After embracing HomeKit in a big way starting in 2022, and testing several motion sensors in the intervening months, my recommendation for best HomeKit motion sensor is the Eve Motion.
The Eve Motion sensor connects directly to the Home app on your iPhone, triggers HomeKit automations quickly in response to motion events, and has a very reliable connection in my experience of many months of real world use.
Decent motion sensing range
According to the official tech specs, the Eve Motion sensor is rated to sense motion with a 120-degree field of view, up to 9 meters away. Achieving theoretical maximum range probably depends on your environment. I have mine positioned on the floor tucked under a cabinet, pointing outwards into the room. I find that I get a reliable detection radius at about 5 meters away, which I think is perfectly fine for most home needs and comparable to other Infrared motion sensors I’ve tested. The big win over the competition is the speed; via Thread, Eve Motion reports motion events near instantaneously.
I would note we are on the cusp of ultra wideband motion sensors coming on to the market, which can detect much smaller amounts of movement at much further distances, but a fully-packaged independent UWB HomeKit sensor just isn’t readily available yet. If you are interested in this and are feeling adventurous, check out the Aqara range.
Bonus light sensor
As a good HomeKit citizen, you can set up and use the Eve Motion inside of the Apple Home app, ignoring Eve’s own app altogether. But if you do have the Eve app installed, you can configure some additional settings (motion sensitivity / duration) and see a historical chart showing tracked sensor events over time.
Along with motion, the accessory also reports lux light levels, also exposed to HomeKit. Inside the Eve app, there’s a handy setting for automatically enabling the motion sensor “only in darkness”. This built-in option is very convenient as it removes one layer of complexity from your automation configurations, if you intend for the sensor to only activate lights, for example, at night time.
Solid Bluetooth and Thread connectivity options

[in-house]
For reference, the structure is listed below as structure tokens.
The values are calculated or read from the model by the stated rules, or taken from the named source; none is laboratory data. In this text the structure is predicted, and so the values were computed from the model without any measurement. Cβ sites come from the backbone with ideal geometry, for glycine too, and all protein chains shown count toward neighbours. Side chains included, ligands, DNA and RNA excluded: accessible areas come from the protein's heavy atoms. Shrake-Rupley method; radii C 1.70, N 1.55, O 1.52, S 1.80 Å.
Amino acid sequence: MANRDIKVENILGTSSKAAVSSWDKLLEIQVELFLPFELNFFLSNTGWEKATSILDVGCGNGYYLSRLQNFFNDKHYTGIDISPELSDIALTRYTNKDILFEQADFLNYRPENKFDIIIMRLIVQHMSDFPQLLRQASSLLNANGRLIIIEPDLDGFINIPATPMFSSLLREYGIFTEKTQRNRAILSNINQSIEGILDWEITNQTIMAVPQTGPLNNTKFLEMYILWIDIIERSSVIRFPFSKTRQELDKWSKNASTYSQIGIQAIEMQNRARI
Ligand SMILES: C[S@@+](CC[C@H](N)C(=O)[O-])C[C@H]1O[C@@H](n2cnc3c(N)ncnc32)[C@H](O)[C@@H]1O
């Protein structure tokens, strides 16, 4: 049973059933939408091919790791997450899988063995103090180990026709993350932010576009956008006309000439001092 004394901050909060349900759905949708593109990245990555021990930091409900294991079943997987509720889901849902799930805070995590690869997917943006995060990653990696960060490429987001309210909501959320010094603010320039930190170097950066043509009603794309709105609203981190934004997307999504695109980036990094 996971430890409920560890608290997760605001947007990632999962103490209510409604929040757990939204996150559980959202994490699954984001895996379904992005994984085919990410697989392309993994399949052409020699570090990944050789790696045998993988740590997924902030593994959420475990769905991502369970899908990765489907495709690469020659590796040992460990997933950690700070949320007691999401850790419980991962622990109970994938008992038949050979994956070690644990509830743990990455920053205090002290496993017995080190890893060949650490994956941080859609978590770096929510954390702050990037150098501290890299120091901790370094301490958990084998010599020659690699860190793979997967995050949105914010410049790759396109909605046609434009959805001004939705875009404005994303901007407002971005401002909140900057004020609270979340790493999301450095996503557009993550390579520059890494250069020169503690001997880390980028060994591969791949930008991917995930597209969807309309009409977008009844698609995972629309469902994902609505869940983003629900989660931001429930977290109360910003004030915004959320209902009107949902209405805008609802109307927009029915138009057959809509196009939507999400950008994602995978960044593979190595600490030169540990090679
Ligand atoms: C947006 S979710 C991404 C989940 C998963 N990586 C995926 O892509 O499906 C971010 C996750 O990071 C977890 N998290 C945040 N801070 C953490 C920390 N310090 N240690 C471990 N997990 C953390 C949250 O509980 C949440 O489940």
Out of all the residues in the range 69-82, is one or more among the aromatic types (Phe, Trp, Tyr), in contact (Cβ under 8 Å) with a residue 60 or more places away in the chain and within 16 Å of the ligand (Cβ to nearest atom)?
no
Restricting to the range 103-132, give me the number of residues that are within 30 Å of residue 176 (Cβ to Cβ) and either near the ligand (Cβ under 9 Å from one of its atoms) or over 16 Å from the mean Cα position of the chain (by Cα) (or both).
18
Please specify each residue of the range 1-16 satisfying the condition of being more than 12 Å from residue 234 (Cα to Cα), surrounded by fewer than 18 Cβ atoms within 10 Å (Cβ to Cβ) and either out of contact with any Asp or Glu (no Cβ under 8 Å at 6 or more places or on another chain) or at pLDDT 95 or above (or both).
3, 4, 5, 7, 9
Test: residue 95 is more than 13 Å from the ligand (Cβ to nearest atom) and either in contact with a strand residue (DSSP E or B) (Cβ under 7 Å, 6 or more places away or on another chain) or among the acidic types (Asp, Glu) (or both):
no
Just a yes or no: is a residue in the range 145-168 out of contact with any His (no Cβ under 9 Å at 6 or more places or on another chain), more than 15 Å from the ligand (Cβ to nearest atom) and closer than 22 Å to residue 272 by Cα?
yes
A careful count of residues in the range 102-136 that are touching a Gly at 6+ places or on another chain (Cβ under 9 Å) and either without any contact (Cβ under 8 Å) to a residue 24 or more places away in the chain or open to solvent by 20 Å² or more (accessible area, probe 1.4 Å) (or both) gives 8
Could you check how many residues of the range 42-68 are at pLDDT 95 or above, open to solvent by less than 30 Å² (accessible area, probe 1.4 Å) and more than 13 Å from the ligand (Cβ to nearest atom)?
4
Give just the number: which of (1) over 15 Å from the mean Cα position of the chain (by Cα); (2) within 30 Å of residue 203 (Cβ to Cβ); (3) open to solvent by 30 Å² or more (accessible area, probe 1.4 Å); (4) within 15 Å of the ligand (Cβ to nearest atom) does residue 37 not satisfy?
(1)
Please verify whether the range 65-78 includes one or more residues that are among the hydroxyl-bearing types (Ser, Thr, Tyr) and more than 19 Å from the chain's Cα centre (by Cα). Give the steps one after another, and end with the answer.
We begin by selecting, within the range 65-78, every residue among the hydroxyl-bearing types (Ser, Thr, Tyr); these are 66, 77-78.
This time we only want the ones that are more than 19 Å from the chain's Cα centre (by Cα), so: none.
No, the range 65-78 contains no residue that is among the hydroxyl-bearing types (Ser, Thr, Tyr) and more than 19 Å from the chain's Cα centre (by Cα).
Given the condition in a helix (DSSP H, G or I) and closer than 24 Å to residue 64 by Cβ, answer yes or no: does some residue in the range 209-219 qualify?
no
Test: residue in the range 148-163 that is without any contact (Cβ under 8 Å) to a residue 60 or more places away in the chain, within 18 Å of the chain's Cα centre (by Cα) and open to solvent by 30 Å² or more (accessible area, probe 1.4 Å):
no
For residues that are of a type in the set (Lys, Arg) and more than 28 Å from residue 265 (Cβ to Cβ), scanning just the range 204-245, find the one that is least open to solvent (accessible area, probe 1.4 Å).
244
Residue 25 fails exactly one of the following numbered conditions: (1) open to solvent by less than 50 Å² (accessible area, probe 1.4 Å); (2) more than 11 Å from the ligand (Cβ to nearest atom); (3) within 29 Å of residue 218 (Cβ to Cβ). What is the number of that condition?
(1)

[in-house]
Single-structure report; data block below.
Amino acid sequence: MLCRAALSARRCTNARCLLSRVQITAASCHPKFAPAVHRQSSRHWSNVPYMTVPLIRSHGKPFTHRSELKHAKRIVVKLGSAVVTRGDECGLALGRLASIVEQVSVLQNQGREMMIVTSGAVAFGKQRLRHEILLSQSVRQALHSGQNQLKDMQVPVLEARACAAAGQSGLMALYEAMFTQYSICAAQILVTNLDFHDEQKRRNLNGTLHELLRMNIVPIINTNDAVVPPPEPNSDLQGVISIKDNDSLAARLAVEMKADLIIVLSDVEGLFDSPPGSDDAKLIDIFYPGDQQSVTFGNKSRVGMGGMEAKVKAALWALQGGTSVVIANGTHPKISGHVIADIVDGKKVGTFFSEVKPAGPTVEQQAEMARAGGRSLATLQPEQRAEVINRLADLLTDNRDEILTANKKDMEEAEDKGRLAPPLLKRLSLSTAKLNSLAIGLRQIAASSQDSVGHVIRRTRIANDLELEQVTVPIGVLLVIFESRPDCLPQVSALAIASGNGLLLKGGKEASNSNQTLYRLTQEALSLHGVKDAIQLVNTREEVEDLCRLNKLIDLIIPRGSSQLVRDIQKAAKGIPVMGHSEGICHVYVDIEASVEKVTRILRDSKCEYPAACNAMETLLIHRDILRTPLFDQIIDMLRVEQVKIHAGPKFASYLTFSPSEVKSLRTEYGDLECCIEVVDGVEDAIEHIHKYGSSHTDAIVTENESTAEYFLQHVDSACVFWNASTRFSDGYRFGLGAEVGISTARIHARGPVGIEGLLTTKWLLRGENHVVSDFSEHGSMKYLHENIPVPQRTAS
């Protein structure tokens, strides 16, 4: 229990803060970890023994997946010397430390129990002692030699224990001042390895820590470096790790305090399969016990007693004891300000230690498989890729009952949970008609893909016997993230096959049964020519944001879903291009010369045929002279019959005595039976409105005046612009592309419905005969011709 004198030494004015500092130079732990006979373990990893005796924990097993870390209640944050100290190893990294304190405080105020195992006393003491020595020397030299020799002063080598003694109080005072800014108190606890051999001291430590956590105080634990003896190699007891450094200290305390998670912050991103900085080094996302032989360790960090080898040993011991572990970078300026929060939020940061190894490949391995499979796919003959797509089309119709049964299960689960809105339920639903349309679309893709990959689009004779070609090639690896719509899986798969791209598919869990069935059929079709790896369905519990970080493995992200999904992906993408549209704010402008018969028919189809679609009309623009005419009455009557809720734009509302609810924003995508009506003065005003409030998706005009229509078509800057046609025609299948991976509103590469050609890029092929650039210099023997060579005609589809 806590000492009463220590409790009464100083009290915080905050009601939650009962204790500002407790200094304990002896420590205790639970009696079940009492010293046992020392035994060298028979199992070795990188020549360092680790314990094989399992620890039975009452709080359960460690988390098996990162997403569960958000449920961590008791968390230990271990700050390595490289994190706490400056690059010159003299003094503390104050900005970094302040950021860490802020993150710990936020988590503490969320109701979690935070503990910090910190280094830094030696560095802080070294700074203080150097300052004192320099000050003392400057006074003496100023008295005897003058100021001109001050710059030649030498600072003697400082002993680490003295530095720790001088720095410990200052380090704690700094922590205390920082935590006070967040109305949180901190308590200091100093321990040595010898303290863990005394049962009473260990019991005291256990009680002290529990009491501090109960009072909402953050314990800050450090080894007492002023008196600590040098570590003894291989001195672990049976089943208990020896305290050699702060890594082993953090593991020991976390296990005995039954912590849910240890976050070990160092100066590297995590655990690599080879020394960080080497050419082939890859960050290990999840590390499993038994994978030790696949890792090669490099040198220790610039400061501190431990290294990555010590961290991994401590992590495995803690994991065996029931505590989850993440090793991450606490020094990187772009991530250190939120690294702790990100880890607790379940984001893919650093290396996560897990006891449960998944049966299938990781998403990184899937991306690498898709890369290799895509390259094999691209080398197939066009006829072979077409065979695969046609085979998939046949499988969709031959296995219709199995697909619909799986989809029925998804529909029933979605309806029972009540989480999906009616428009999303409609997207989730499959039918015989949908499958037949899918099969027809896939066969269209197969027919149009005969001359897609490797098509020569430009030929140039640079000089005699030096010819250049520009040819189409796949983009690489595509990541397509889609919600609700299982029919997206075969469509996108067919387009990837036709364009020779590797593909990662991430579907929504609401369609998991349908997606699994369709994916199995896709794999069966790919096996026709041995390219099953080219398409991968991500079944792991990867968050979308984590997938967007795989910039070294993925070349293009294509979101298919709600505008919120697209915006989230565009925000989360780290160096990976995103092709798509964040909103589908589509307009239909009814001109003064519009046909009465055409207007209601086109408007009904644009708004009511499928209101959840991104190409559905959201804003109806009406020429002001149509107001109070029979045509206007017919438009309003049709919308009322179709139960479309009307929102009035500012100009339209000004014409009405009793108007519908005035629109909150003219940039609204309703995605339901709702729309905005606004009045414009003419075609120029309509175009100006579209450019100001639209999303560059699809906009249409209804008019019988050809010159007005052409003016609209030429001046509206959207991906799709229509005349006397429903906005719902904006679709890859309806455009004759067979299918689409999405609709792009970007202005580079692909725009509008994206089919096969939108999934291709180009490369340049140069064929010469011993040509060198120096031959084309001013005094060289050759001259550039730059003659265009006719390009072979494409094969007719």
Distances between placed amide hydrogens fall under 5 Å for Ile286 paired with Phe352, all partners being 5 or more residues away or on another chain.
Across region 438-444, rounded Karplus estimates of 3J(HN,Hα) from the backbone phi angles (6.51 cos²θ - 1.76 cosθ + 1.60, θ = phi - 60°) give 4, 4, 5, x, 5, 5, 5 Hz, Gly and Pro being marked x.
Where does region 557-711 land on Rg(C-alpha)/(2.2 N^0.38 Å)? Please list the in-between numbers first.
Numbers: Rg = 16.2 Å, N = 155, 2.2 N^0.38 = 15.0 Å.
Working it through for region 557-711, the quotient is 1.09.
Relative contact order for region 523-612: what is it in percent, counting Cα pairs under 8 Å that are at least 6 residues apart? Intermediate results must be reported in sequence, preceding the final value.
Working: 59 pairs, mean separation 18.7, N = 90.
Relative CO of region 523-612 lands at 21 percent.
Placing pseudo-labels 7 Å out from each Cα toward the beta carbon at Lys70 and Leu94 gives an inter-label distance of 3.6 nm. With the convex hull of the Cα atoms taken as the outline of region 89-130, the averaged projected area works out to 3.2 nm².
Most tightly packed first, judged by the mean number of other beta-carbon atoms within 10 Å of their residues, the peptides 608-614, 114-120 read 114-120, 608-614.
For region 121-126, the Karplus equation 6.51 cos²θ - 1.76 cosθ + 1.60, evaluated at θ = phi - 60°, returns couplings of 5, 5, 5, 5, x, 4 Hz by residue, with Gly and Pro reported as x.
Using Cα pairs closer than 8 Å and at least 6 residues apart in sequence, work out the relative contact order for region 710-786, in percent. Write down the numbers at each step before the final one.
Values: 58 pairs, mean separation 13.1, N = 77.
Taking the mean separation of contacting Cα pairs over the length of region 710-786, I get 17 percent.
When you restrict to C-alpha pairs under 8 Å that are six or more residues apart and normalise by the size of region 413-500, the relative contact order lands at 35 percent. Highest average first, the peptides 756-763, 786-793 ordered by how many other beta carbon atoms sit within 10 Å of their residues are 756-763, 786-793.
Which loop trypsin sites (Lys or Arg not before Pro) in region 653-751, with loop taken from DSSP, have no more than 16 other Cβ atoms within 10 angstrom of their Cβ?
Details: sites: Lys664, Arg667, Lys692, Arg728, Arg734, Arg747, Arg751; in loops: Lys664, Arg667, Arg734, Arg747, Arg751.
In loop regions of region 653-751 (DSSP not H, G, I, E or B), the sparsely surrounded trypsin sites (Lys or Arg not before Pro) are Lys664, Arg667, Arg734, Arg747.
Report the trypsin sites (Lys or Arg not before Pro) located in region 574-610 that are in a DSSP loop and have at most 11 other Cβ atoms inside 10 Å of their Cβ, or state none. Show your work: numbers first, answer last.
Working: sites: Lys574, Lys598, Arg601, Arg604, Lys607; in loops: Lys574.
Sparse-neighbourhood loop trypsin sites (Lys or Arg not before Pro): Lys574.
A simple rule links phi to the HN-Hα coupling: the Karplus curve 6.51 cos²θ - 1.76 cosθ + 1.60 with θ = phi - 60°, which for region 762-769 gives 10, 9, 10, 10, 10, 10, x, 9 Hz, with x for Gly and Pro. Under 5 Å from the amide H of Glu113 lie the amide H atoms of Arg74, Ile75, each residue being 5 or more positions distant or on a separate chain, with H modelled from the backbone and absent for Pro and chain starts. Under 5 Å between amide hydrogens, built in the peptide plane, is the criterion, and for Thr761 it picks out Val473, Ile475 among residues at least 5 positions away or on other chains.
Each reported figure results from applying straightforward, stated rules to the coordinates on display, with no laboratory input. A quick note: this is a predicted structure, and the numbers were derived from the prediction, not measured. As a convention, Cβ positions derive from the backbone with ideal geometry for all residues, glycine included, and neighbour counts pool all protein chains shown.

Eve Motion supports the Thread networking protocol, the future-proofed recommended standard for smart home accessory communication over HomeKit or Matter. By default, Eve Motion can communicate motion events to HomeKit using Bluetooth. But if you have a modern Apple TV or HomePod with a Thread radio inside, it will automatically use that instead.
You can theoretically use an Eve Motion with just your iPhone, but that is much less reliable (as is the case with almost any Bluetooth HomeKit accessory). It works best when the sensor is static and in range of a HomeKit hub, like an Apple TV or HomePod. In that configuration, the motion detected state is shown in the Home app within a few hundred milliseconds of motion occurring. I also have never had the Eve Motion enter a “not responding” state. It never needs to be reset.
Long battery life
Eve Motion is powered by two internal AAA batteries. But the best part is you won’t have to worry about replacing the batteries often. For about a year so far, my primary Eve Motion has been active in situ in the home kitchen, detecting human occupancy multiple times a day. It shows no signs of running out of juice, currently reporting 90% battery remaining. I wouldn’t be so bold as to suggest this means it will go on to last ten years on a single set of batteries, but clearly the battery life longevity is more than fit for purpose.
Eve Motion is my recommendation
So if you are looking for a HomeKit motion sensor, these factors combine to make Eve Motion my recommendation. It’s even able to be used outdoors, thanks to its mounting hook and IPX8 water resistance rating.
The real question before you buy is do you have a use case for a motion-activated smart home, in the first place? If you just want to get a banner notification on your phone when someone enters a room, the Eve Motion can do that. But the real value is unlocked when used in automations in coordination with other smart home accessories, like being able to turn lights on for you. Getting them to sing also butts up against some of the limitations of HomeKit itself, so you need to be prepared to dive deep if you want to maximise their utility.
Runner up: Philips Hue motion sensor
The Philips Hue motion sensor is a good alternative. In fact, it’s a bit smaller than the Eve Motion, and integrates a magnetic mounting system, so it can probably be positioned even more discreetly in a room. It responds fast to input, if not quite as speedy as Eve over Thread, and has comparatively long battery life. However, the big downside to the Hue sensor is it is not an independent accessory. It must be connected to a Phillips Hue bridge hub in order to connect to HomeKit. If you already have an ecosystem of Hue devices in your home, then go for it. But if you don’t, it’s just not worth the additional hassle and expense.
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